Let’s imagine for a second that you just launched the first ever self-service site for your company. You had enough of simple requests bogging down your agents as they piled into the ticket queue. After working through the weekend, there’s now enough content on the self-service site that you feel comfortable having customers use it. But… something’s missing and you can’t figure out what it is. A few weeks later, you look at your analytics and you see customers are visiting the site, but they aren’t staying for long.
This is where User Experience, or UX, comes into play and can make a huge difference. UX is taking a step back and putting yourself in the shoes of your user (i.e. your customer) to understand how they experience your site. As the creator or manager of the customer self-service software, you likely know where everything is – that’s because you built it or work on the site daily. But what about a first-time visitor? UX plays a major role in turning that initial visit from an exercise in frustration into a satisfied customer answering their own question.
Here are four UX tips to consider when evaluating your self-service site…
1) Choose appropriate color schemes – Sometimes people just don’t feel like being on a website because the colors clash too much. Maybe the text is hard to read or it’s just visually unappealing. Either way, there is more to creating a visually impactful self-service site than picking colors at random. Sites such as Color Hunter can help you choose the appropriate complimentary colors for your site based on just a single hex code or image. You don’t need to be an art major to make a self-service site that’s easy on the eyes!
2) Make your menus compact and practical – When first launching a self-service site, a common mistake is trying to make too many things accessible on one page. The home page of the site can be a plethora of unorganized links and sub menus – and while it’s great (in theory) that there’s a link to everything – it’s very difficult for the user to find what they’re looking for. Instead, consider using flat hierarchical menus so customers can find information without feeling overwhelmed.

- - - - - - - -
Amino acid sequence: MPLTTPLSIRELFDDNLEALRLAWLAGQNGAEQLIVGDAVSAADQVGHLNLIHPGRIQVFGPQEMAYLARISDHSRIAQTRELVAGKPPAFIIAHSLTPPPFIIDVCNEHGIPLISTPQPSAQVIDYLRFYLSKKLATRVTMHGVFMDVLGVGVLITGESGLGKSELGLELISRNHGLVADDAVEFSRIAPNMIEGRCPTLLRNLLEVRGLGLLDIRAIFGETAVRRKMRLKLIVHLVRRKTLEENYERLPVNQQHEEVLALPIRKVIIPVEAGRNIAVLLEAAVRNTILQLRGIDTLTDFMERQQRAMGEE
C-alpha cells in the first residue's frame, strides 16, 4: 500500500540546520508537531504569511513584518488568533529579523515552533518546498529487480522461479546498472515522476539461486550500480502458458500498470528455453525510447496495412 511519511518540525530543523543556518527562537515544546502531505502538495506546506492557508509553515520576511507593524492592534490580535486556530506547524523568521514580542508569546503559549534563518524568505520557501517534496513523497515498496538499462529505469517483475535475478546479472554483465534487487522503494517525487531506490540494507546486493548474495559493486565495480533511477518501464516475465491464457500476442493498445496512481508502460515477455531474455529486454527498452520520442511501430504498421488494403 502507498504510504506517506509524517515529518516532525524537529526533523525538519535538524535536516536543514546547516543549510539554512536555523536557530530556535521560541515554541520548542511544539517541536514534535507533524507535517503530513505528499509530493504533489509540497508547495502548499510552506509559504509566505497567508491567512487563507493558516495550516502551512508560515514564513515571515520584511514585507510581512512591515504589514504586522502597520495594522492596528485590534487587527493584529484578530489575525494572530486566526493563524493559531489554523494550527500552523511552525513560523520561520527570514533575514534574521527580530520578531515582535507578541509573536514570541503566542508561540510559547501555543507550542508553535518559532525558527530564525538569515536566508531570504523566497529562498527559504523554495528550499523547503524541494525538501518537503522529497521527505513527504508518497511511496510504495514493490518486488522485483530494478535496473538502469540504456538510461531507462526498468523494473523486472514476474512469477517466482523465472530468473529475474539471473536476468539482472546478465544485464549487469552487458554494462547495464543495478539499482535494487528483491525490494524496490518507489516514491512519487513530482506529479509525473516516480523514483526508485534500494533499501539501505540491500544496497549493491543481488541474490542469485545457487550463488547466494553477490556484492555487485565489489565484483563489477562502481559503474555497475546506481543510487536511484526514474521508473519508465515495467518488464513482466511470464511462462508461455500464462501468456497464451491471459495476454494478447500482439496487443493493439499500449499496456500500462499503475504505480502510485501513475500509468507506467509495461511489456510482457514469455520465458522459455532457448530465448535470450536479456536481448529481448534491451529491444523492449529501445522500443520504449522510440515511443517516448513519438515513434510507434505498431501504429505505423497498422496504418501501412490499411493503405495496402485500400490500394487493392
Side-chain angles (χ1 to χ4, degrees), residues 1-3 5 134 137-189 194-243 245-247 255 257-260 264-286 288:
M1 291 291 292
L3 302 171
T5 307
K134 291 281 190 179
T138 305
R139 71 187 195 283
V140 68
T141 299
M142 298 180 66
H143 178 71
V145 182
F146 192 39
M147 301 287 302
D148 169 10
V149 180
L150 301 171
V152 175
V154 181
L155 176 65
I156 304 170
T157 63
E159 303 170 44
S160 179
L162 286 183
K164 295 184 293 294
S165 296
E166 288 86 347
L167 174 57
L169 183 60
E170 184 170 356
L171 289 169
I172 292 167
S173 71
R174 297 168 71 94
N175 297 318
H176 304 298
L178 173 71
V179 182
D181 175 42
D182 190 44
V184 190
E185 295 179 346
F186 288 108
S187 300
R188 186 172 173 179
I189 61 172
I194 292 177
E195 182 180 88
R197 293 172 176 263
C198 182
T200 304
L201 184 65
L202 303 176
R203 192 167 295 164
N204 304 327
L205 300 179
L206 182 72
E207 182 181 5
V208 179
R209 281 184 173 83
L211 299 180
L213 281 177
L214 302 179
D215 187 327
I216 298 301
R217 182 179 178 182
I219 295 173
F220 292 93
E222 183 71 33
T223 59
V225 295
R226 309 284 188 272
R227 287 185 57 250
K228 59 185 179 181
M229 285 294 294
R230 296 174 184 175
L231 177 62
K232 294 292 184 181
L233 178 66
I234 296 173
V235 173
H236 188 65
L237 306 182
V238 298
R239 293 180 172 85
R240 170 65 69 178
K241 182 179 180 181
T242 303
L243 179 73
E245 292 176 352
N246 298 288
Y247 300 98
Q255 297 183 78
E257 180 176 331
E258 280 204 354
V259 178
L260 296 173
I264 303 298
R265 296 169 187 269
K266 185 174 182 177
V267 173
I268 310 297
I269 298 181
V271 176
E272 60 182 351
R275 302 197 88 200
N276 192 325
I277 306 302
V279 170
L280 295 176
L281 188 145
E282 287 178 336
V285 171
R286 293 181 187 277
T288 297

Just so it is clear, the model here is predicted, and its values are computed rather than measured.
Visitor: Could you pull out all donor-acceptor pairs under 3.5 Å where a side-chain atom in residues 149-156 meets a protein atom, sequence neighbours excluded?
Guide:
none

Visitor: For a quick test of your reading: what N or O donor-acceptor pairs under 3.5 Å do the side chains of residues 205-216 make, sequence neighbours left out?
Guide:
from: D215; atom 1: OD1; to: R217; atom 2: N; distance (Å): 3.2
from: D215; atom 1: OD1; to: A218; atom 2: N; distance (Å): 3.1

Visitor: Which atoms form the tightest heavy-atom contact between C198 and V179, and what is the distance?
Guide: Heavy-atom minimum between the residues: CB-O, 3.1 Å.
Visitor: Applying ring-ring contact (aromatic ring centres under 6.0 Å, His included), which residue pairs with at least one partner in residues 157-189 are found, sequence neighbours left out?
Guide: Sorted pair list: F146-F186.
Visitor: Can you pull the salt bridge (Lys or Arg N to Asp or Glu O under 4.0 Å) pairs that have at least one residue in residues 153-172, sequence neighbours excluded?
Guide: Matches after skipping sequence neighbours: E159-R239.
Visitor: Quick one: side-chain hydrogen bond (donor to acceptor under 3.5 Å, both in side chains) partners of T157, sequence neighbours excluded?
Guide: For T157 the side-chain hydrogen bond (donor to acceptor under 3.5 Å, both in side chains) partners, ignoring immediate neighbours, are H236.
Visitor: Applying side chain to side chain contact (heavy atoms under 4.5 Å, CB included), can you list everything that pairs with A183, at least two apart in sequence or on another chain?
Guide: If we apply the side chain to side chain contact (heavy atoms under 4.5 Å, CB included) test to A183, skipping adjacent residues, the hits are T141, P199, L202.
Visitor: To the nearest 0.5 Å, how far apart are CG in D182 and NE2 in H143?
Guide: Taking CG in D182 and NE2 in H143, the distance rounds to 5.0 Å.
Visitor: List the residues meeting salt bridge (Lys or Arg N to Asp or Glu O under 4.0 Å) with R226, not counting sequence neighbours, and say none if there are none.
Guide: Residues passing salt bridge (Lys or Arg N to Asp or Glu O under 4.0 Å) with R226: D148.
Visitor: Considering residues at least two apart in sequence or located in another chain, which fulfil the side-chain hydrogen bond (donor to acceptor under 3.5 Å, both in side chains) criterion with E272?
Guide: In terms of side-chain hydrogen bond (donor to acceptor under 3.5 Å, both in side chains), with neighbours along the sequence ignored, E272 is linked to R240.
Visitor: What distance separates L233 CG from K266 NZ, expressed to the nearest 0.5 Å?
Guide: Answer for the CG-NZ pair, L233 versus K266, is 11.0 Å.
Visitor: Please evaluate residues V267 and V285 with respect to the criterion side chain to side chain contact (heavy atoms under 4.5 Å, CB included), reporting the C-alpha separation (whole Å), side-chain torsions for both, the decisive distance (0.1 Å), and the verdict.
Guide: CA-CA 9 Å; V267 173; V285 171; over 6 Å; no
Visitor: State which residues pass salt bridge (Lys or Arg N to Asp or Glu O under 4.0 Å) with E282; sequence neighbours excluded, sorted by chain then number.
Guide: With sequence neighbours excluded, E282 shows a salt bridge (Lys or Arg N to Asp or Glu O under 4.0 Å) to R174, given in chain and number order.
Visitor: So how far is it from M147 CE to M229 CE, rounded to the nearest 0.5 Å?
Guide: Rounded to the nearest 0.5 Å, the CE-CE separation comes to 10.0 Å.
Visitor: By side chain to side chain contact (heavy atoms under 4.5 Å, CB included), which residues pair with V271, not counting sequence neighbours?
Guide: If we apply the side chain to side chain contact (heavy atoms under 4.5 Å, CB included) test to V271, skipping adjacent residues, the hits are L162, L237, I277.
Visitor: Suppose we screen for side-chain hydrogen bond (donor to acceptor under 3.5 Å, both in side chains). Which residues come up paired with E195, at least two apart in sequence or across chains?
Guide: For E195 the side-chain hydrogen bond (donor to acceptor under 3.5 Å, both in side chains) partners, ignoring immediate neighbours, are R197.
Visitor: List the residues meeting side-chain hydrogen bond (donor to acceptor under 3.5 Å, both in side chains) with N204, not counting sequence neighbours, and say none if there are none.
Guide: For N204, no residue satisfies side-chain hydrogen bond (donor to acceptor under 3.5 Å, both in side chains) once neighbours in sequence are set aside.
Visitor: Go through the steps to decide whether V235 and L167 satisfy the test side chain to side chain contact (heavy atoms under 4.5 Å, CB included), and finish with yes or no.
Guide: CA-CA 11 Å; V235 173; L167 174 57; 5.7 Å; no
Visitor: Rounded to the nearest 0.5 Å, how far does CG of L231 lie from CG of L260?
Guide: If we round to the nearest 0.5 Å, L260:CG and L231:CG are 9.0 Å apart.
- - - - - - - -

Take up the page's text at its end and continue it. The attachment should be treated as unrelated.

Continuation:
3) Add visual elements to your site – You might have great and helpful content on your self-service site, but after looking at the metrics you find out visitors still aren’t sticking around. If this is the case, it’s possible your site isn’t visually engaging enough. Consider adding screenshots or how-to images to self-service pages to cater to customers who learn in other ways besides reading text. Videos are also a great addition to self-service support sites if appropriate for your industry.
Want to know more? Click here to download our checklist on building a great customer support site and find out.
4) Recommend related content to visitors – Customers visit self-service sites because they are starting the process of looking for information, or they prefer to self-serve. However, their patience is limited and if they don’t find the right answer quickly they will leave the site altogether. This is where including recommendations to related topics can keep customers on the site longer and provide a much better user experience.
In short, user experience can have a direct impact on your self-service site and the feelings your customers have while visiting. To improve user experience, make sure your site is practical by choosing color and menu schemes that will be appealing to your customers. From here, it’s important to add on-page elements to make your site more visual and interactive. Creating a good UX on your self-service site will only increase its usage, thus decreasing the total amount of support tickets your company receives.